Re: Flight or Space Shuttle sim

I have wondered about making a sound-based flight sim. While I am worlds away from having the programming knowhow to write anything like this, I wondered if things like pitch, roll, and yaw could not be represented by constant tones. As you pitch up the pitch tone increases. As you roll right the roll tone increases, and so on. At first it would be hard to track all this, but it seems that you could get used to it. Introduce some sort of combat flight senarios to make it interesting.


Have a great day,
Alex

----- Original Message -----
From: "Will Pearson" <will@xxxxxxxxxxxxx
To: <programmingblind@xxxxxxxxxxxxx
Date sent: Sun, 2 Dec 2007 21:39:28 -0000
Subject: Re: Flight or Space Shuttle sim

Hi John,

The idea of making a flight sim accessible is still very much an
idea until
I can find the time to do it; however, thanks for the suggestion
of making
an open source game accessible as it's not something that I had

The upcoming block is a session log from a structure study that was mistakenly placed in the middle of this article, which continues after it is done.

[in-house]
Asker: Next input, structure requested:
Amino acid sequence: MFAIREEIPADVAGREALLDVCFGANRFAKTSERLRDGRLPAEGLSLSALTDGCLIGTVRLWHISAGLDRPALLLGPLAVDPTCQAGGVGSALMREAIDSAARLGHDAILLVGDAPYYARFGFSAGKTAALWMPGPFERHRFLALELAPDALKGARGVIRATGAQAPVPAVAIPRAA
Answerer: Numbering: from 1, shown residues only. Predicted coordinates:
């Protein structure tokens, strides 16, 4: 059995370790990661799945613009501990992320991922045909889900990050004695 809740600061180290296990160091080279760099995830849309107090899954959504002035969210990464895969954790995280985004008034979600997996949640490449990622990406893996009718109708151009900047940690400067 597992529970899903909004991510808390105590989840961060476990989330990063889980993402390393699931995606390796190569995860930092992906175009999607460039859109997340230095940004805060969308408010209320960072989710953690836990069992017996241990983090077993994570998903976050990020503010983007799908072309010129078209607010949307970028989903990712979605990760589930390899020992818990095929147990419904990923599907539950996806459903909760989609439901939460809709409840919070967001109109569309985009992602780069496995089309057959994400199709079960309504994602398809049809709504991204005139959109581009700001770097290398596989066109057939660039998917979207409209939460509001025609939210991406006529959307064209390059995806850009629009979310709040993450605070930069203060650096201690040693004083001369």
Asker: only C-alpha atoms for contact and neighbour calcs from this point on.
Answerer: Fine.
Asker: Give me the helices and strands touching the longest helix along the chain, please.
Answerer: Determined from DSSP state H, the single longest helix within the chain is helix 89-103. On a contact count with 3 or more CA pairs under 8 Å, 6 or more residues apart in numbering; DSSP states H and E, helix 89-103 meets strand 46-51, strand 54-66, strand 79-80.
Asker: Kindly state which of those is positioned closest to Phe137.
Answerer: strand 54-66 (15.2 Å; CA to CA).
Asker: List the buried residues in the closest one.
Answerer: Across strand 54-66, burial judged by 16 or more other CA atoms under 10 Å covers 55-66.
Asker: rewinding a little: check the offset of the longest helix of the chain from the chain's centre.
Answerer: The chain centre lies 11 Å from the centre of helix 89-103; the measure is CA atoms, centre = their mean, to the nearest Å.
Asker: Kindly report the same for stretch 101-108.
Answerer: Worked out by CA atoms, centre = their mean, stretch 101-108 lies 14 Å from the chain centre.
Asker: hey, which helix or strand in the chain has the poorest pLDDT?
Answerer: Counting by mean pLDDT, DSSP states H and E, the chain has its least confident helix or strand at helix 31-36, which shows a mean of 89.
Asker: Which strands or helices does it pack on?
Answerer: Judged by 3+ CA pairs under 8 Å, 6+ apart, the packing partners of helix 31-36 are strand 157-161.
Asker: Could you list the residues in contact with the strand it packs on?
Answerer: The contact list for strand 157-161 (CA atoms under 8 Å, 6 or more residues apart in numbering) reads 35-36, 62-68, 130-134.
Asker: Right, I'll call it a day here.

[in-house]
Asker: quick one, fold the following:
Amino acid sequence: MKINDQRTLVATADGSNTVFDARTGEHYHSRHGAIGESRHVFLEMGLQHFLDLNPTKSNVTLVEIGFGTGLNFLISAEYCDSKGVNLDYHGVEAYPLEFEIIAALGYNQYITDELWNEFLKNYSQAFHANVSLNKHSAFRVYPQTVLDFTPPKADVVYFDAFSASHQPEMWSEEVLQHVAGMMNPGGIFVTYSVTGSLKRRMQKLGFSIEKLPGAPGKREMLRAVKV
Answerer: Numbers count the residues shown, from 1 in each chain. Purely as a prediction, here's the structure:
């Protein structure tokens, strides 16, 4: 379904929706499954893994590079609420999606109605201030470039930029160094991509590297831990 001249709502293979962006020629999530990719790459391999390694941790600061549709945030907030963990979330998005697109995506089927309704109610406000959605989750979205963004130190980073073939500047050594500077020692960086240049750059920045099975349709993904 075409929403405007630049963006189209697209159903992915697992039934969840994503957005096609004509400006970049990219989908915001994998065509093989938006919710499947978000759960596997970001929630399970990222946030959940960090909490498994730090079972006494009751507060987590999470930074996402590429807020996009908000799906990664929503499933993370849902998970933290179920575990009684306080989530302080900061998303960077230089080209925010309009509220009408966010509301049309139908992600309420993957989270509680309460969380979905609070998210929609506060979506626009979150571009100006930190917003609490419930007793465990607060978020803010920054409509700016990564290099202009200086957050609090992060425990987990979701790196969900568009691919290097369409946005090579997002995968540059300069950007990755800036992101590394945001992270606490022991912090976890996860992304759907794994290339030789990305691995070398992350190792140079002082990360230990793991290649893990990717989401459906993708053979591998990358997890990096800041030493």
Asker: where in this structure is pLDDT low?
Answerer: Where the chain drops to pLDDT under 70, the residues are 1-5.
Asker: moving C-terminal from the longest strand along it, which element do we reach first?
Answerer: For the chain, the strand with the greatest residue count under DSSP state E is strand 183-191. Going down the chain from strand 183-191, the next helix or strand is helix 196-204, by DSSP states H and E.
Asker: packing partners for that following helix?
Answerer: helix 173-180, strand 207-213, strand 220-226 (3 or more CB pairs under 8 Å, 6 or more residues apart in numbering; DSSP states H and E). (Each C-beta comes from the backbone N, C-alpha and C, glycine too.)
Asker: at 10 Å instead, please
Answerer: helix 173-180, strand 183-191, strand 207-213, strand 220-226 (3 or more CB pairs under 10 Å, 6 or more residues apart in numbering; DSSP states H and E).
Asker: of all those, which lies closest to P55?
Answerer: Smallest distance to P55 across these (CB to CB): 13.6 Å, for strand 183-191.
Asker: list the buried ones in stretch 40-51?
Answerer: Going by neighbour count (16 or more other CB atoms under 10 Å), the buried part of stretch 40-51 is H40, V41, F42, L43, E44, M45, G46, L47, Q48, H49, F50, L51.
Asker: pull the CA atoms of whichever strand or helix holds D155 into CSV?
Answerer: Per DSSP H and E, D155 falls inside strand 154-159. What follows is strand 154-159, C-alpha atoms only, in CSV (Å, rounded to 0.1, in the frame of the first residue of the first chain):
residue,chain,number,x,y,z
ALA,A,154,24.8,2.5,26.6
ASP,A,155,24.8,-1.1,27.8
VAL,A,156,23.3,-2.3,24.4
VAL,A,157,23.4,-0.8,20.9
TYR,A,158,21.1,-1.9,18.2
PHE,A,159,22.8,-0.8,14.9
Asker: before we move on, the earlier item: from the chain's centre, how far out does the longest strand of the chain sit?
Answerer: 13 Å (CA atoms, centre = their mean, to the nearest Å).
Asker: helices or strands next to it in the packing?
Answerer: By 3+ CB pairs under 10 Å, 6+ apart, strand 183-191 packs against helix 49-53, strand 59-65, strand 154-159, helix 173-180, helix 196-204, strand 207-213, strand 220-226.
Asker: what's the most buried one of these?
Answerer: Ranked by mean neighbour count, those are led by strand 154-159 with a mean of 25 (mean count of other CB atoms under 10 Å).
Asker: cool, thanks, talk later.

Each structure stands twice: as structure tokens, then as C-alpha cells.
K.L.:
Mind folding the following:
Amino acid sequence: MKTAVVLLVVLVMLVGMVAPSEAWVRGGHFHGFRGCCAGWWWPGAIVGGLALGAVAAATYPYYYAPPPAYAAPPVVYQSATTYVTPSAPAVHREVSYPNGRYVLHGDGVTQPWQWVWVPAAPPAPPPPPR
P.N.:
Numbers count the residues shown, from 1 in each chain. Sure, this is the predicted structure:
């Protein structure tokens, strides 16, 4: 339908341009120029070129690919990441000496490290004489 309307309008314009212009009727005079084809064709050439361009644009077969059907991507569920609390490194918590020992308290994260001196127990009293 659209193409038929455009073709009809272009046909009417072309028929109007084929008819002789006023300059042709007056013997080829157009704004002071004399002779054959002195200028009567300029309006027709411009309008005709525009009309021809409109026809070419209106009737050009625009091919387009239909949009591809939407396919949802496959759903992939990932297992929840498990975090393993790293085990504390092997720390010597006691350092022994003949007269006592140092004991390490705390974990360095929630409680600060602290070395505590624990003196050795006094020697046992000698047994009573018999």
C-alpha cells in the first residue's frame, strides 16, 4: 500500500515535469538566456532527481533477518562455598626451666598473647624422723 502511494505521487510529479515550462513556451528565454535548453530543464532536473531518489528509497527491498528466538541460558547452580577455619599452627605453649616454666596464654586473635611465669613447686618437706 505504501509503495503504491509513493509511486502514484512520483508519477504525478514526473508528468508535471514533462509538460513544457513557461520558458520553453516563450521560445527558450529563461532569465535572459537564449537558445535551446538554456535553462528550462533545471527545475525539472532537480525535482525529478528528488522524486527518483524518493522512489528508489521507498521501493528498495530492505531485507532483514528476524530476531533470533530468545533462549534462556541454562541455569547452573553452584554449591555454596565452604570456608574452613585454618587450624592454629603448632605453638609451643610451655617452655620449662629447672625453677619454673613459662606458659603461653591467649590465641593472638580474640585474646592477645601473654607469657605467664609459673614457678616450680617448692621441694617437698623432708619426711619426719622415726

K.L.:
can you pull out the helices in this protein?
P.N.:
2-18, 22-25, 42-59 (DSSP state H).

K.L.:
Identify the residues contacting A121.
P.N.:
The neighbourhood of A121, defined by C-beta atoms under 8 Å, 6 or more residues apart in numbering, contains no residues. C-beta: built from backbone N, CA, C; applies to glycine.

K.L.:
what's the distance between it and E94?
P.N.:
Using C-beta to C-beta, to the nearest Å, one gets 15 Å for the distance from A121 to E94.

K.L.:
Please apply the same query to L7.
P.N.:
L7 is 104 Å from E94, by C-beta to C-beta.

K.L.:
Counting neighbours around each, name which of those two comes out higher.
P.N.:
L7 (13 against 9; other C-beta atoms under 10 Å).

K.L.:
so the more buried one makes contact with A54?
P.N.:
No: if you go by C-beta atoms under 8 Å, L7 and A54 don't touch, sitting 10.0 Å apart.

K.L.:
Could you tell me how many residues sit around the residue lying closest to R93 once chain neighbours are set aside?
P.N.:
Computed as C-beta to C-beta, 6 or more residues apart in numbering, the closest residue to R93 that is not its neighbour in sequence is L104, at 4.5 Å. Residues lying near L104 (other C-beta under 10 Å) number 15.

thought of
and certainly something worth investigating.

Whilst I'm not a games developer I've done quite a lot of work
with
simulating physics in the past. My current field of research in
haptics and
collaborative virtual environments, and these use some of the
same
technologies as games, such as collision detection and physics
simulation.
I'm surprised that no games for the blind have made use of these
technologies yet. Whilst they are quite time consuming to write
yourself
you don't really need to write them yourself unless you enjoy
inflicting
pain on yourself. There are open source physics engines
available, such as
the Open Dynamics Engine (ODE), as well as open source scene
graphs, such as
Open Scene Graph (OSG), plus there are commercial packages
available, such
as Havok, which Intel have recently brought out. All will save
you a lot of
time and pain over writing scene graphs and physics simulations
yourself.

Will
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